Anxiety Disorders in Children and When You Should Worry.
Anxiety disorders are considered to be one of the most common type of psychiatric disorders affecting children and adolescents. However, studies have indicated that fewer than twenty percent of children with anxiety disorders actually receive treatment. According to the Diagnostic and Statistical Manual, Fourth Edition, Text Revised (DSM-IV,TR), there are nine specific anxiety disorders that a child can have. Although they are all distinct disorders, the commonality that they all share is intense anxiety. The focus of the anxiety is what distinguishes the disorders.
Possible long-term consequences of leaving anxiety disorders untreated:
Children and adolescents who do not receive the necessary treatment are at risk for repeated school absences, impaired relations with peers, poor self-esteem, alcohol or drug use, problems adjusting to work situations, and continued anxiety disorders in adulthood. Although there are quite a few long-term consequences of not treating anxiety, the majority of children with significant anxiety do eventually demonstrate improvement on their own without treatment. One large study (Perrin, Hersen, and Kazdin, 1995) indicated that 82% of children recovered from the initial anxiety after four years, 68% recovered after the first year, and 8% evidenced relapse of anxiety after remission. Although a good majority of children do eventually recover on their own with no intervention, a portion of children continue to demonstrate significant debilitating anxiety. Additionally, early intervention for anxiety symptoms would make the child’s life easier and be less at risk for later anxiety relapses.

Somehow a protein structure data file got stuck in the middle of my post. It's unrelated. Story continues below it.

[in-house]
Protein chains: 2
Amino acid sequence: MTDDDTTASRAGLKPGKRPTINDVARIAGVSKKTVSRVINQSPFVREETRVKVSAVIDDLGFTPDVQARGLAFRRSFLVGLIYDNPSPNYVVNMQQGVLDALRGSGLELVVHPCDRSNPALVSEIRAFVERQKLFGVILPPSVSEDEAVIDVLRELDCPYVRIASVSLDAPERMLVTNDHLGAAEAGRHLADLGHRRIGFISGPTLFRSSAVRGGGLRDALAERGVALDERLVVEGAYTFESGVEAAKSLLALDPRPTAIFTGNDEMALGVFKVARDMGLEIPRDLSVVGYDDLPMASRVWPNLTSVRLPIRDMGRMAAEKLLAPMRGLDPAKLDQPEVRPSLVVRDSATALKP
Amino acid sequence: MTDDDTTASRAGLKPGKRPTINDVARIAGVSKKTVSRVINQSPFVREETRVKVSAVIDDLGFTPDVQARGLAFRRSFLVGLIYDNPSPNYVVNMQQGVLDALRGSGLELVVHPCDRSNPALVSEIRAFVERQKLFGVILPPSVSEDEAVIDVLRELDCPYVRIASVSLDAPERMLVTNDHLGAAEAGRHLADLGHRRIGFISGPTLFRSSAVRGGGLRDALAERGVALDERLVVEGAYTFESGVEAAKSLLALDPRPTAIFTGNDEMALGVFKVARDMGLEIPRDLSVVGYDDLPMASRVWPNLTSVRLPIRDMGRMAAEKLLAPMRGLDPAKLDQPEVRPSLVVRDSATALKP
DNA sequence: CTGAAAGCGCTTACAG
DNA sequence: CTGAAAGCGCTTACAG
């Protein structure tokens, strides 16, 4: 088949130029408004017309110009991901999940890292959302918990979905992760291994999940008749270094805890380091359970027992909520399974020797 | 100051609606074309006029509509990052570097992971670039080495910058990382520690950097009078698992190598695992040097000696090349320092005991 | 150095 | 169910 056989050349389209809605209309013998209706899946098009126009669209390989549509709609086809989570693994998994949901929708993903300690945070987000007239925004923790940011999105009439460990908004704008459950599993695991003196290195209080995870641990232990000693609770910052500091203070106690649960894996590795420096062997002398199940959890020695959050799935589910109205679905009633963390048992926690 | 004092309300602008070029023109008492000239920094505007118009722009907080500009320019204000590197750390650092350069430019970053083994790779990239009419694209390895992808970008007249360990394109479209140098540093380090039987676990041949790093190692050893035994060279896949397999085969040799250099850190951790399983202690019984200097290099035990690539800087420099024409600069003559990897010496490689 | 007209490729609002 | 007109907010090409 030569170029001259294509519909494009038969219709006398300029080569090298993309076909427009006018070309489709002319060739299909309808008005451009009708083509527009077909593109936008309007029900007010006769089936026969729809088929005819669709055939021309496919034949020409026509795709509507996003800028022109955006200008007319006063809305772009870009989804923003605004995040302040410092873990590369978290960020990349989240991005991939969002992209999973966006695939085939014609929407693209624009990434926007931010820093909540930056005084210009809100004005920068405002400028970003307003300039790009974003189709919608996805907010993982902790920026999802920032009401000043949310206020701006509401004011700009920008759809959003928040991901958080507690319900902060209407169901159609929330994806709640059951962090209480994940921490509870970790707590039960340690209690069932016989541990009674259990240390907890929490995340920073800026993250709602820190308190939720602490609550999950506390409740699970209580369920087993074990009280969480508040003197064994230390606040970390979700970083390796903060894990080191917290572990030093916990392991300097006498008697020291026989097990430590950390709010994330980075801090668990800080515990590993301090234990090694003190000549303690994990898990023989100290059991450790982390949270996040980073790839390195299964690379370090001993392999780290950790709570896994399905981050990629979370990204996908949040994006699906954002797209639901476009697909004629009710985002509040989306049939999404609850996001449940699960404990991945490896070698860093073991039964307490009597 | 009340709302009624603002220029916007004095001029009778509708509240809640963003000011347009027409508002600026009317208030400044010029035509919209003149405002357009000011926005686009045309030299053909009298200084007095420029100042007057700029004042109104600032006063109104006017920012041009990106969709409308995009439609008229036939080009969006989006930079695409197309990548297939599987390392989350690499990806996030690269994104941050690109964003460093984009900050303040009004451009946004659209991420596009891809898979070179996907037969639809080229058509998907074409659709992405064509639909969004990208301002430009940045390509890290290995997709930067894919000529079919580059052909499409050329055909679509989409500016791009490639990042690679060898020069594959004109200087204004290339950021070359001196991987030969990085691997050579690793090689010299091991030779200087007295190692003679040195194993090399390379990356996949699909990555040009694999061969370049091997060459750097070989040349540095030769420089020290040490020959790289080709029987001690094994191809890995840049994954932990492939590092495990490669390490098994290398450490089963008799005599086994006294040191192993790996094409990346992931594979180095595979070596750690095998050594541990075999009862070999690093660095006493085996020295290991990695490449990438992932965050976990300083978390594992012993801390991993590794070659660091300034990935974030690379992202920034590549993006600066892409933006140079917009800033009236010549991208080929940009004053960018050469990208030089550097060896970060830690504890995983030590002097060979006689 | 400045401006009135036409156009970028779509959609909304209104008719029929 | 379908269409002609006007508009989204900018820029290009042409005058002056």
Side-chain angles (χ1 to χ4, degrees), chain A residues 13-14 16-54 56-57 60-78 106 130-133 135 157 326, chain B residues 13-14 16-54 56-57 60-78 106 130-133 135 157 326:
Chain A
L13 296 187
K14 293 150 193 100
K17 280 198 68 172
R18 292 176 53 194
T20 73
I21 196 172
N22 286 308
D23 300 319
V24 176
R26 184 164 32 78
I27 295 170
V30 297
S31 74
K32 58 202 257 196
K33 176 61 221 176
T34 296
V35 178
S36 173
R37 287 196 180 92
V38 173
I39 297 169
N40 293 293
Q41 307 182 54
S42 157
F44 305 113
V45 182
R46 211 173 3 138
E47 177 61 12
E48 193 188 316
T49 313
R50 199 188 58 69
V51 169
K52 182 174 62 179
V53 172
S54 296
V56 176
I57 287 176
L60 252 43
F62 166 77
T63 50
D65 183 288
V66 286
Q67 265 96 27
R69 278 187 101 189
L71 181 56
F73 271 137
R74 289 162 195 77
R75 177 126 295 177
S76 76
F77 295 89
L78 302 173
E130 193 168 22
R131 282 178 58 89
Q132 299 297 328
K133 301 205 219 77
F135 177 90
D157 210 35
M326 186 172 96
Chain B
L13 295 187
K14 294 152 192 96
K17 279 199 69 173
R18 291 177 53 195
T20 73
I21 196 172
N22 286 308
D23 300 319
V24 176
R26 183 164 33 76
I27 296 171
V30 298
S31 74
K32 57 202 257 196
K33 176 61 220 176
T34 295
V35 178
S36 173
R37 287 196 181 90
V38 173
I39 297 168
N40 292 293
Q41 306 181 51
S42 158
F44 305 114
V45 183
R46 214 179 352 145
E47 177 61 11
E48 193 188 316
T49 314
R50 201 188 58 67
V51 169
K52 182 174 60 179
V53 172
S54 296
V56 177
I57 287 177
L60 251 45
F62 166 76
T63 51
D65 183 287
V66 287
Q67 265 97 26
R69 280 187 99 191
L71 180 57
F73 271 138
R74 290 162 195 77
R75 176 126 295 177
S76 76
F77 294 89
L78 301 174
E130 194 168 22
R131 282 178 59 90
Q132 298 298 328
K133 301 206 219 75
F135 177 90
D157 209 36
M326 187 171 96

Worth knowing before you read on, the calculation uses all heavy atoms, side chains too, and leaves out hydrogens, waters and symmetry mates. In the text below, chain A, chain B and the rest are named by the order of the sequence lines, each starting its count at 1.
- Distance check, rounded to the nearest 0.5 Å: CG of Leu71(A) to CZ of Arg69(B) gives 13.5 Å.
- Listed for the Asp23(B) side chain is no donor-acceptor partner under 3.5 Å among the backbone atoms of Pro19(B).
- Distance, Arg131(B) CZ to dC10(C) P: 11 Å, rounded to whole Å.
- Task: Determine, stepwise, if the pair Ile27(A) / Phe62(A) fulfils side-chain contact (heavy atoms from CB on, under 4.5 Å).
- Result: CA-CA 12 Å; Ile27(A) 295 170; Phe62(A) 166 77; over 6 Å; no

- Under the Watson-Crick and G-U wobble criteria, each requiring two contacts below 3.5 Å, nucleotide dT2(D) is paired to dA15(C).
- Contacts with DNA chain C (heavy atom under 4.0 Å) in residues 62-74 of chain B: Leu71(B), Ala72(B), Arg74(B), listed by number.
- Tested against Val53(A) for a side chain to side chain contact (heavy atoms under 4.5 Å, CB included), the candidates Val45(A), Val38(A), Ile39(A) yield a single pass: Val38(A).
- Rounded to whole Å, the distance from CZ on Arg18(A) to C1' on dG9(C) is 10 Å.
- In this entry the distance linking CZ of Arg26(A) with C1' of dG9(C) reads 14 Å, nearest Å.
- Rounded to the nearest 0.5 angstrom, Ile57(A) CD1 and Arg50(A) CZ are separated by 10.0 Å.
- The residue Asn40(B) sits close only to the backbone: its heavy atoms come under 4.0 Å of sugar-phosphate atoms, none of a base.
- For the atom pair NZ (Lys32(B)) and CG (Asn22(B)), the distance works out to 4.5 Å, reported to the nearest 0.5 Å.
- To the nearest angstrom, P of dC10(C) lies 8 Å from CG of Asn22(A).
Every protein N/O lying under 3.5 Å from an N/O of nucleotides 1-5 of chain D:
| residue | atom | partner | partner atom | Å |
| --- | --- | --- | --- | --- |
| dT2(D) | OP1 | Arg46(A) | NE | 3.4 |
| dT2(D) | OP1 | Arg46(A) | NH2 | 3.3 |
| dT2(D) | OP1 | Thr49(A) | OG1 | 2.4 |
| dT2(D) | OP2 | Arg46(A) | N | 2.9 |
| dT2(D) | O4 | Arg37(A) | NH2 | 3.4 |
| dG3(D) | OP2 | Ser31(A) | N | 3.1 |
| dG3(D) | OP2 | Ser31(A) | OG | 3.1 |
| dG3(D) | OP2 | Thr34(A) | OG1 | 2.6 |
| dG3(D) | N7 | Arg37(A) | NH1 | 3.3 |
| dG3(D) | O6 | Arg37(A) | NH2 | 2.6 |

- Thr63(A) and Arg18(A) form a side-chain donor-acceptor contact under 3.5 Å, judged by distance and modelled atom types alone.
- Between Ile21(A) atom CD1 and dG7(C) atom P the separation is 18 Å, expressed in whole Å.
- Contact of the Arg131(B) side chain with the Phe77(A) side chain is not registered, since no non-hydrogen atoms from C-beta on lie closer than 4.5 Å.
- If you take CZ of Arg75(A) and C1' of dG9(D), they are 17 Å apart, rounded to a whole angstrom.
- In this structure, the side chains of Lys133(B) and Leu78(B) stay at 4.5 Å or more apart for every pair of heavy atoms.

Children with anxiety disorders are at increased risk of exhibiting additional, co-existing psychological conditions, including:
Depression, learning disorders, ADHD, and Tic Disorders to name a few. It is quite common and developmentally normal for young children (5 years and younger) to demonstrate fear and anxiety of various situations including the dark and strangers. Parents should start looking out for anxiety symptoms when their children are around six to eight years old. At that age, the common and acceptable childhood fears should decrease.
Answers for you and your child:
If your child continues to demonstrate significant fear at that age, then he or she should receive intervention. There is hope and a plethora of treatments are available. Specifically, Cognitive Behavior Therapy (CBT), relaxation techniques, Biofeedback, family therapy, parent training, and medication are all available and have been proven beneficial for treating anxiety in children.
Please share with us, what activities makes your child anxious and how do you handle the situation?